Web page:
Saturday, 18 September 2010


TATE BRITAIN  Millbank, London  

The best time to go is at the weekend. Turning your back on the Thames, walk up the Tate's wide stone staircase, dodge young people sitting there holding hands and eating sandwiches with the other hand. Straight through the revolving doors into the magnificent Duveen Hall. And there it is. 
Hanging by its tail from the ceiling and nearly touching the floor, is a huge decommissioned fighter jet, its contents emptied out. It’s a Sea Harrier, 14 metres long with a wing span of 7.6 metres, the kind of plane which saw action in Bosnia and the Gulf. Now it’s a captive beast with feathery markings tattooing its grey surface. It reminds me of dead birds which used to hang in rows outside butchers’ shops at Christmas and which still nestle inside the illustrated pages of Dickens’ Christmas tales. It has plenty of admirers. We stand around and marvel. Lying flat on her back underneath the empty nose cone is a little girl about two years old. Is she safe? I want to run and gather her up but I stand still and admire her bravery. 
In front of us is a killing machine – but we cannot deny that its beauty and elegance are awesome. It’s a weapon which was at the cutting edge of technology and is no longer fit-for-purpose. Once its sound seemed to crack your ears, but now it's dumb. A captured beast, a cast aside trophy, scrap metal still confronting us with what war might mean.

 "Years and years ago I remember going for a walk with my dad in the Welsh hills. I must have been seven or eight and it was so quiet and beautiful and suddenly, out of nowhere came this Harrier jump jet which completely ripped up the sky. It was a completely transformative moment but we were left, literally with words knocked out of us, wondering how something that was such a monster could be so beautiful." Fiona Banner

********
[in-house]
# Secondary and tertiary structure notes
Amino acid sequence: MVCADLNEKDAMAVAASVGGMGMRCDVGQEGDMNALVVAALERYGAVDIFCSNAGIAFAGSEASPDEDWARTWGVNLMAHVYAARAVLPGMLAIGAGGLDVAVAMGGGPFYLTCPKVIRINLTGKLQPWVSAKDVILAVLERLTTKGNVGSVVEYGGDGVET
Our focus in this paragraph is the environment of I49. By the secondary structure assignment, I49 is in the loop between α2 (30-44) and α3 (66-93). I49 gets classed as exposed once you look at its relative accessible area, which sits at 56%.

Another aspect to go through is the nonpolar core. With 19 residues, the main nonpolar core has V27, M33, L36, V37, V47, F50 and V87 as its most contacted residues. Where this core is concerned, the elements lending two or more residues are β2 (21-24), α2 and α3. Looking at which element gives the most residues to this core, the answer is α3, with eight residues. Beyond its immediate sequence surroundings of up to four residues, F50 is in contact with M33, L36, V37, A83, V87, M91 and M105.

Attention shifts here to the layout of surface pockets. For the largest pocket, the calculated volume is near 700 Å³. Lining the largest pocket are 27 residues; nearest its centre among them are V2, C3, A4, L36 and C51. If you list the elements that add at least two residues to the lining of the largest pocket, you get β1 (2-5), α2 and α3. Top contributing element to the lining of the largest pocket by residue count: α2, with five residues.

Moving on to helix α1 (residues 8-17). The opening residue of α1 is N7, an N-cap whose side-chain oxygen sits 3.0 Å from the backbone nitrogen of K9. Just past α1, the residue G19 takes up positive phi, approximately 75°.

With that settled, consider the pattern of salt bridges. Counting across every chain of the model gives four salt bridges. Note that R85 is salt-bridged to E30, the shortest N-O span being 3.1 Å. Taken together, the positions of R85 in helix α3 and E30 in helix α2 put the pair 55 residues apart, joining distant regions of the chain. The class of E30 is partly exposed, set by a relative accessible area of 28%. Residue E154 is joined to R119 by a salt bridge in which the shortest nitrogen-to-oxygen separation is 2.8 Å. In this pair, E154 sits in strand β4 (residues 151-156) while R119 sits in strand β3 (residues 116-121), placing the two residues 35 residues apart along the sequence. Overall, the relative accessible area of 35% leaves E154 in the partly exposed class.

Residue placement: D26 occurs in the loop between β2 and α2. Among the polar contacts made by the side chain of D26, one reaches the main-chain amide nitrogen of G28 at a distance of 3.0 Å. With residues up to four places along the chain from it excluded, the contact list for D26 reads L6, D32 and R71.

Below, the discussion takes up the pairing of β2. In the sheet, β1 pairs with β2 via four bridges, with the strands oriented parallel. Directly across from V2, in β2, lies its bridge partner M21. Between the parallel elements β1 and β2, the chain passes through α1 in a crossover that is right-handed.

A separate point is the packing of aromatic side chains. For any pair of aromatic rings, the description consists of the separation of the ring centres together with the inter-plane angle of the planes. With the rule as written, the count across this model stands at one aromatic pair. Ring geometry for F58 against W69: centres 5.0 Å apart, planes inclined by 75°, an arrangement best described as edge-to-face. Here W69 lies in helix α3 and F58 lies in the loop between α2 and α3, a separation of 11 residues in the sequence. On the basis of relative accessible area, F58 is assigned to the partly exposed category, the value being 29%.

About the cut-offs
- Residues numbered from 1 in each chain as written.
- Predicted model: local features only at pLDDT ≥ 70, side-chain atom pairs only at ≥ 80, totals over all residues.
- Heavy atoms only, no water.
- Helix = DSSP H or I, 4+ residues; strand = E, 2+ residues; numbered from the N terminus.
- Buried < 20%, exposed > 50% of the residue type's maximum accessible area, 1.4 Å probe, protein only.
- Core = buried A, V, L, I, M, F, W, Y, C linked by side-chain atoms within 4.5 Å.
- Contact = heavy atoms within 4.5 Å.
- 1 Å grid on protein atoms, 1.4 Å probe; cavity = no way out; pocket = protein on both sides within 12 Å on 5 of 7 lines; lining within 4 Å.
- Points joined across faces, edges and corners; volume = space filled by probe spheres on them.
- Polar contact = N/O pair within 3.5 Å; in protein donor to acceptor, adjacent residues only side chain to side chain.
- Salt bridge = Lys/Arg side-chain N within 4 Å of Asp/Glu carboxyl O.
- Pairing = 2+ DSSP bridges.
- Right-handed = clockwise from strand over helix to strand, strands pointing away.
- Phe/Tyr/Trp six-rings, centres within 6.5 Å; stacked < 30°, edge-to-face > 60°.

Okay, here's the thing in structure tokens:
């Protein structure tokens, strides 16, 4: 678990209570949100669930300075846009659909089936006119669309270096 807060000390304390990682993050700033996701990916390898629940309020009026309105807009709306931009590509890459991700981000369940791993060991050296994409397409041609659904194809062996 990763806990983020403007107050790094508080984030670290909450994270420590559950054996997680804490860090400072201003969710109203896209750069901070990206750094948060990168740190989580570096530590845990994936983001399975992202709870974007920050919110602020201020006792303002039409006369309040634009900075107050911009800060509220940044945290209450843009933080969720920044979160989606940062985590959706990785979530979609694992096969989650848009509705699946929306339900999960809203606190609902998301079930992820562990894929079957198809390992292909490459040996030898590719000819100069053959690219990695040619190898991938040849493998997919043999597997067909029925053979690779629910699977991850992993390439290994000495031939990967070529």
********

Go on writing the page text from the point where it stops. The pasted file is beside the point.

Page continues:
Down at the other end of this neo classical gallery I see the outline of a Jaguar jet, lying belly up on the floor, like a submissive animal. Stripped and polished into an immaculate metallic shine, its surface is transformed into shifting distorting mirrors, the kind you see at a fun fair. Some of us play with grotesque images of ourselves but no one who walks past can detach themselves from this monster. Small screws run up and down the fuselage like a row of ants. Some make a patchwork pattern of small squares. As I walk round this huge pregnant belly with its outstretched wings I almost trip over the tapered metal rod protruding at the tail, which starts out slim and inconspicuous, then swells into a pointed end, softly curved as if designed to enter something or somebody. 

Why go on a Sunday? Because you will find a joyful noise everywhere: children skittering around the Art Trolley with its cargo of cardboard rolls and foil and coloured paper and glue. Dads are sitting on the floor, backs to the wall absorbed in crafting rockets and airplanes. One of the attendants points out to my 2 young grandsons Sam and Josh that when they get home they can hurl their rockets down from the top of the stairs to see who wins. They smile. 

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